In accordance with one embodiment of the invention, both of the wheel engagement elements are motor driven and both are pivotably mounted as described hereinabove. Alternatively, only one of the wheel engagement elements is motor driven. In such a case, the non-motor driven element may be fixed with respect to the motor-driven element and is pivotably mounted together therewith. Otherwise, the non-motor driven element rotation axis may be fixed.

In accordance with a preferred embodiment of the present invention, the first and second wheel engagement elements are coupled by gearing. In accordance with a preferred embodiment of the present invention the first and second wheel engagement elements are also pivotably mounted about a pivot axis which lies in or parallel to the plane of the wheel. This feature is effective for balancing the forces on opposite sides of the wheel exerted by the auxiliary drive apparatus, when the wheel is not driven by identical motors on both sides thereof, and for taking into account eccentricities of the wheel.

BRIEF DESCRIPTION OF THE DRAWINGS

The present invention will be understood and appreciated more fully from the following detailed description, taken in conjunction with the drawings in which:

FIGS. 1A and 1B are pictorial illustrations of two exemplary applications of auxiliary drive apparatus constructed and operative in accordance with a preferred embodiment of the present invention;

FIG. 1C is a schematic illustration of the operation of the apparatus of FIG. 1A;

FIG. 2 is a partially cut away pictorial view of auxiliary drive apparatus constructed and operative in accordance with a preferred embodiment of the present invention in operative engagement with a wheel;

FIGS. 3A and 3B are simplified pictorial illustrations of the operation of the apparatus of FIG. 2 in respective low load and high load situations;

FIG. 4 is a partially cut away pictorial view of auxiliary drive apparatus constructed and operative in accordance with another preferred embodiment of the present invention in operative angagement with a wheel;

FIGS. 5A and 5B are simplified pictorial illustrations of the operation of the apparatus of FIG. 4 in respective low load and high load situations;

FIG. 6 is a partially cut away pictorial view of auxiliary drive apparatus constructed and operative in accordance with still another preferred embodiment of the present invention in operative engagement with a wheel;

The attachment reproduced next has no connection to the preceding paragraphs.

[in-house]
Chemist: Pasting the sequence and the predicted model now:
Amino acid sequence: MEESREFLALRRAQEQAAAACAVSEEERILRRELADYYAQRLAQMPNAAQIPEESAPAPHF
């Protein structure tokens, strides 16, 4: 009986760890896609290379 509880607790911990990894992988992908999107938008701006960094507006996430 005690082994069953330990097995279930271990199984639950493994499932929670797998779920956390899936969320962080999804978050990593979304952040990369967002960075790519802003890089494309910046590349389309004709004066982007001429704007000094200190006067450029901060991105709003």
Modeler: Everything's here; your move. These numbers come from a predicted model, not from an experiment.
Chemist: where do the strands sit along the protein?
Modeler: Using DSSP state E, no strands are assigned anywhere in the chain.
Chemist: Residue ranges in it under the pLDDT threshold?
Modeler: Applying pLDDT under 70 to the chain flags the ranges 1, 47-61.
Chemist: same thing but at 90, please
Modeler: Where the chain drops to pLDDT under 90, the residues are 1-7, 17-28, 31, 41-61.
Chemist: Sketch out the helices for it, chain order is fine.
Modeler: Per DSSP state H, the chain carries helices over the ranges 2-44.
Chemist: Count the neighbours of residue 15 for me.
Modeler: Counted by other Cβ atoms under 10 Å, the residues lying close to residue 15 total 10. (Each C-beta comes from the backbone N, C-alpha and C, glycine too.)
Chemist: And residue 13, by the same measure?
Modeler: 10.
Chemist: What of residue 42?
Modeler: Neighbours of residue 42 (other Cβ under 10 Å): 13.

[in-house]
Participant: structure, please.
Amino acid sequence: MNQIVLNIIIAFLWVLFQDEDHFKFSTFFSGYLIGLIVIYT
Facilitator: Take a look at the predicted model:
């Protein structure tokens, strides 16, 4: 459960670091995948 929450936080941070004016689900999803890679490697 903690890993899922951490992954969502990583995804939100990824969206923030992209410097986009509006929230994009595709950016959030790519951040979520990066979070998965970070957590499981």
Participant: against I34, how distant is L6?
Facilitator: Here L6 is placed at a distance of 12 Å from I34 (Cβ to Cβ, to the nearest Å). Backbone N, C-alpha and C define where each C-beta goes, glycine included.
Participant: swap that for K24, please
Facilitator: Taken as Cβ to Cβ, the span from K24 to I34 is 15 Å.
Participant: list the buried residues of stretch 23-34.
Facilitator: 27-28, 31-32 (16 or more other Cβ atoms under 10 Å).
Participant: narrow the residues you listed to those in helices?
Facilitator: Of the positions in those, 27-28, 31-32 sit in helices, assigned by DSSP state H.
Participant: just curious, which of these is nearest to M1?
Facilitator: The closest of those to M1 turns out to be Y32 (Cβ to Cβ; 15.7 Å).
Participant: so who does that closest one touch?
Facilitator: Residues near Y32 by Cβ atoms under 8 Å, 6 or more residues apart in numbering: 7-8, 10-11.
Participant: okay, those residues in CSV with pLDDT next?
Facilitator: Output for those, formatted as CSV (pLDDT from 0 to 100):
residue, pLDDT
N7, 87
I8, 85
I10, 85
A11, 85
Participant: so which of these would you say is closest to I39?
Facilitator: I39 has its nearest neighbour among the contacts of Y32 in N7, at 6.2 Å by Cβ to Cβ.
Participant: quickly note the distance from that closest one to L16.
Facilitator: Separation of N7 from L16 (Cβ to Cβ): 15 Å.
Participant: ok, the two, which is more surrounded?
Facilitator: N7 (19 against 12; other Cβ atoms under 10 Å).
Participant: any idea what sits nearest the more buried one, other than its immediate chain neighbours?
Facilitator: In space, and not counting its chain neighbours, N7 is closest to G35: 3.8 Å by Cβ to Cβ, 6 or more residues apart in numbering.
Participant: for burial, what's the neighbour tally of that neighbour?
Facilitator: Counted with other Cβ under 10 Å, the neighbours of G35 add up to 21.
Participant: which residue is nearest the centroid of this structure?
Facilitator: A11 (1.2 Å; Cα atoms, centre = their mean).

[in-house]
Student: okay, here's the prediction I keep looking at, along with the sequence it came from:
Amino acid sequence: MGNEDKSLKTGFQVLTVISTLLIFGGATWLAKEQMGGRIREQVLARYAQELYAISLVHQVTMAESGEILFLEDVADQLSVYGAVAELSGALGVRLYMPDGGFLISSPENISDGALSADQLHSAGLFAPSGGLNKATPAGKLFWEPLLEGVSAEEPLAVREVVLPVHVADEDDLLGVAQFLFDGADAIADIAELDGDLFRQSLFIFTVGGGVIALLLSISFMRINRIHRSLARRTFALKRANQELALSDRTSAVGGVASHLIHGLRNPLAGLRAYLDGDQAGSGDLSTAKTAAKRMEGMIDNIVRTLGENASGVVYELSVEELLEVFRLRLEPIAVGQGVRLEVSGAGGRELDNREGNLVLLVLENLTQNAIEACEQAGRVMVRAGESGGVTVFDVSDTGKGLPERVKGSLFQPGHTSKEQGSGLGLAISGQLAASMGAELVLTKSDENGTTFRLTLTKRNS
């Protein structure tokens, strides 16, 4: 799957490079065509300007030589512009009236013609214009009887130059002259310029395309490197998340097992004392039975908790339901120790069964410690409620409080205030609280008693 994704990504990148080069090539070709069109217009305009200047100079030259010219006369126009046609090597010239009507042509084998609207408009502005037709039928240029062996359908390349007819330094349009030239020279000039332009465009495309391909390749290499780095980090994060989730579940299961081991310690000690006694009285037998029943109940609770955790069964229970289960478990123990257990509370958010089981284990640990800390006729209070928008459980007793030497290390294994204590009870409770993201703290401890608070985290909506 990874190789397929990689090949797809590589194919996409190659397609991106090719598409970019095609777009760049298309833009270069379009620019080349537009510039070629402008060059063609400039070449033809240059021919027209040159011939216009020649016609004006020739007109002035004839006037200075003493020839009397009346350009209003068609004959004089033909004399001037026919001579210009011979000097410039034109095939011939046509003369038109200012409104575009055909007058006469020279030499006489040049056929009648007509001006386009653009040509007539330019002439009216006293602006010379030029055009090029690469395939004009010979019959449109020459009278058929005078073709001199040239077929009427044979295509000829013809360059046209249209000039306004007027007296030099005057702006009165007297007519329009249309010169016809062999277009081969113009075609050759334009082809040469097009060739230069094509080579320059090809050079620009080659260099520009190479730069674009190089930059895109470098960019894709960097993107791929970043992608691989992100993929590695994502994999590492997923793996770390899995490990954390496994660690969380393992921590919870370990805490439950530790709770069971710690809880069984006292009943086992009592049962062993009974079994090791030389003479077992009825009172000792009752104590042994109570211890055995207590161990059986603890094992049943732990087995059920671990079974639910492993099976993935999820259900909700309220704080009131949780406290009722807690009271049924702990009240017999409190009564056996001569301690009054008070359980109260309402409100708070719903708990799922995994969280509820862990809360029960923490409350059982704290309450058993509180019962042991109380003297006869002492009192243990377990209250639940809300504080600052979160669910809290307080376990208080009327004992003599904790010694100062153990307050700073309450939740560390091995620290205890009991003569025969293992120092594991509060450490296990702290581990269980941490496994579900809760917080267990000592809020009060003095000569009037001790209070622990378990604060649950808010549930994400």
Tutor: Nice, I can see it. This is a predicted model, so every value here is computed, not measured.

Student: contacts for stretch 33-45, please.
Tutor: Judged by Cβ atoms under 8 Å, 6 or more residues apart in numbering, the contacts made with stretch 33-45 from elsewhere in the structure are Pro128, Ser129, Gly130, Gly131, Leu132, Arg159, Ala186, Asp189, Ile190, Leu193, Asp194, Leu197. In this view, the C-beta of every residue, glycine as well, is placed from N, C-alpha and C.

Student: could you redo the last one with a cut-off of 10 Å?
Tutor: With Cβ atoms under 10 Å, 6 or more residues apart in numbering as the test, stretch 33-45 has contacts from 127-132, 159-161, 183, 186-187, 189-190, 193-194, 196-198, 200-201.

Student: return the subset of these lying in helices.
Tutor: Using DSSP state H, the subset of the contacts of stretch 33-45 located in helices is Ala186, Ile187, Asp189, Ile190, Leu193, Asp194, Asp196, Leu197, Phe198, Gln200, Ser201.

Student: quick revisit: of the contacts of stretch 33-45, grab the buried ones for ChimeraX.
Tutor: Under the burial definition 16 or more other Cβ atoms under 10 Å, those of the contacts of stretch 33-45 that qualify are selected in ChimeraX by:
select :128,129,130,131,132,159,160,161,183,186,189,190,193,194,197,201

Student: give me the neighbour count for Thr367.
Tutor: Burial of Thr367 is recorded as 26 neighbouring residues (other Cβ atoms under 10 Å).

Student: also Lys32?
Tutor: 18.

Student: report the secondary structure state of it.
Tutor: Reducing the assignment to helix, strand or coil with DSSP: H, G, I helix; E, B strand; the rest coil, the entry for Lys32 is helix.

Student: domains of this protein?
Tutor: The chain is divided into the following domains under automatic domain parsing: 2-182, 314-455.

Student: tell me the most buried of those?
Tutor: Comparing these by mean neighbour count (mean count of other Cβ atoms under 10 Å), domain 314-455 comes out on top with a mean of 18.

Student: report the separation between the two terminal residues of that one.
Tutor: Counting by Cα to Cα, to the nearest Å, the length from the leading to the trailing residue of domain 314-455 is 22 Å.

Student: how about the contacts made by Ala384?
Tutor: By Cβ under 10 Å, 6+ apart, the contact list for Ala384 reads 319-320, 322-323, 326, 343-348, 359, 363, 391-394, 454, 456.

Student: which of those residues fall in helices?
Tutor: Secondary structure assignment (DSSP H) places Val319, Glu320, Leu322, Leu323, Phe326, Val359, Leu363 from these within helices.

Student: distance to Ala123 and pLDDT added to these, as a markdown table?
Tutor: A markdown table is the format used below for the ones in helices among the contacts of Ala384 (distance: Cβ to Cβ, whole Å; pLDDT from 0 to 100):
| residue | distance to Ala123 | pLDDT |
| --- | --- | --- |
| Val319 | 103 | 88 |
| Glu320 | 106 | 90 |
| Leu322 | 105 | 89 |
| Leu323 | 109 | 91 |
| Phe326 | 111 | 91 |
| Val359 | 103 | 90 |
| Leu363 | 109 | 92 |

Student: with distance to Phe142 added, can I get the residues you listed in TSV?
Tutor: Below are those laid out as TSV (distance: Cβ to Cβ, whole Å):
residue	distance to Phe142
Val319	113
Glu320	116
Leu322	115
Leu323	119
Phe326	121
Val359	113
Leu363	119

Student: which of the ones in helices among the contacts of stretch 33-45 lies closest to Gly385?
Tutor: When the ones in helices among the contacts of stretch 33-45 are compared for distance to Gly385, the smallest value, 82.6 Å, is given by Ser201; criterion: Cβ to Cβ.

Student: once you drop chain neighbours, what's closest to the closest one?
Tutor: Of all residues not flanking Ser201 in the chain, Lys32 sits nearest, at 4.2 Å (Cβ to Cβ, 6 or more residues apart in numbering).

FIGS. 7A and 7B are simplified pictorial illustrations of the operation of the apparatus of FIG. 6 in respective low load and high load situations;

FIG. 8 is a partially cut away pictorial view of auxiliary drive apparatus constructed and operative in accordance with yet another preferred embodiment of the present invention in operative engagement with a wheel;

FIGS. 9A and 9B are simplified pictorial illustrations of the operation of the apparatus of FIG. 8 respective low load and high load situations;

FIG. 10 is a partially cut away pictorial view of auxiliary drive apparatus constructed and operative in accordance with a further preferred embodiment of the present invention in operative engagement with a wheel;

FIGS. 11A and 11B are simplified pictorial illustrations of the operation of the apparatus of FIG. 10 in respective low load and high load situations;

FIG. 12 is a partially cut away pictorial view of auxiliary drive apparatus constructed and operative in accordance with a preferred embodiment of the present invention in operative engagement with a wheel;

FIG. 13 is a simplified illustration taken along the lines XIII--XIII in FIG. 12;

FIGS. 14A and 14B are simplified pictorial illustrations of the operation of the apparatus of FIGS. 12 and 13 in respective low load and high load situations;

FIGS. 15A and 15B are respective partially cut away side view and top view illustrations of auxiliary drive apparatus constructed and operative in accordance with still a further preferred embodiment of the present invention in operative engagement with a wheel;

FIGS. 16A and 16B are simplified pictorial illustrations of the operation of the apparatus of FIGS. 15A and 15B in respective low load and high load situations, taken along lines XVI--XVI of FIG. 15A;

FIG. 17 is a partially cut away pictorial view of auxiliary drive apparatus constructed and operative in accordance with an additional preferred embodiment of the present invention in operative embodiment with a wheel;

FIGS. 18A and 18B are simplified pictorial illustrations of the operation of the apparatus of FIG. 17 in respective low load and high load situations;

FIG. 19 is an exploded view illustration of yet another preferred embodiment of the present invention; and

FIG. 20 is an illustration of the apparatus of FIG. 19 in operative engagement with a wheel.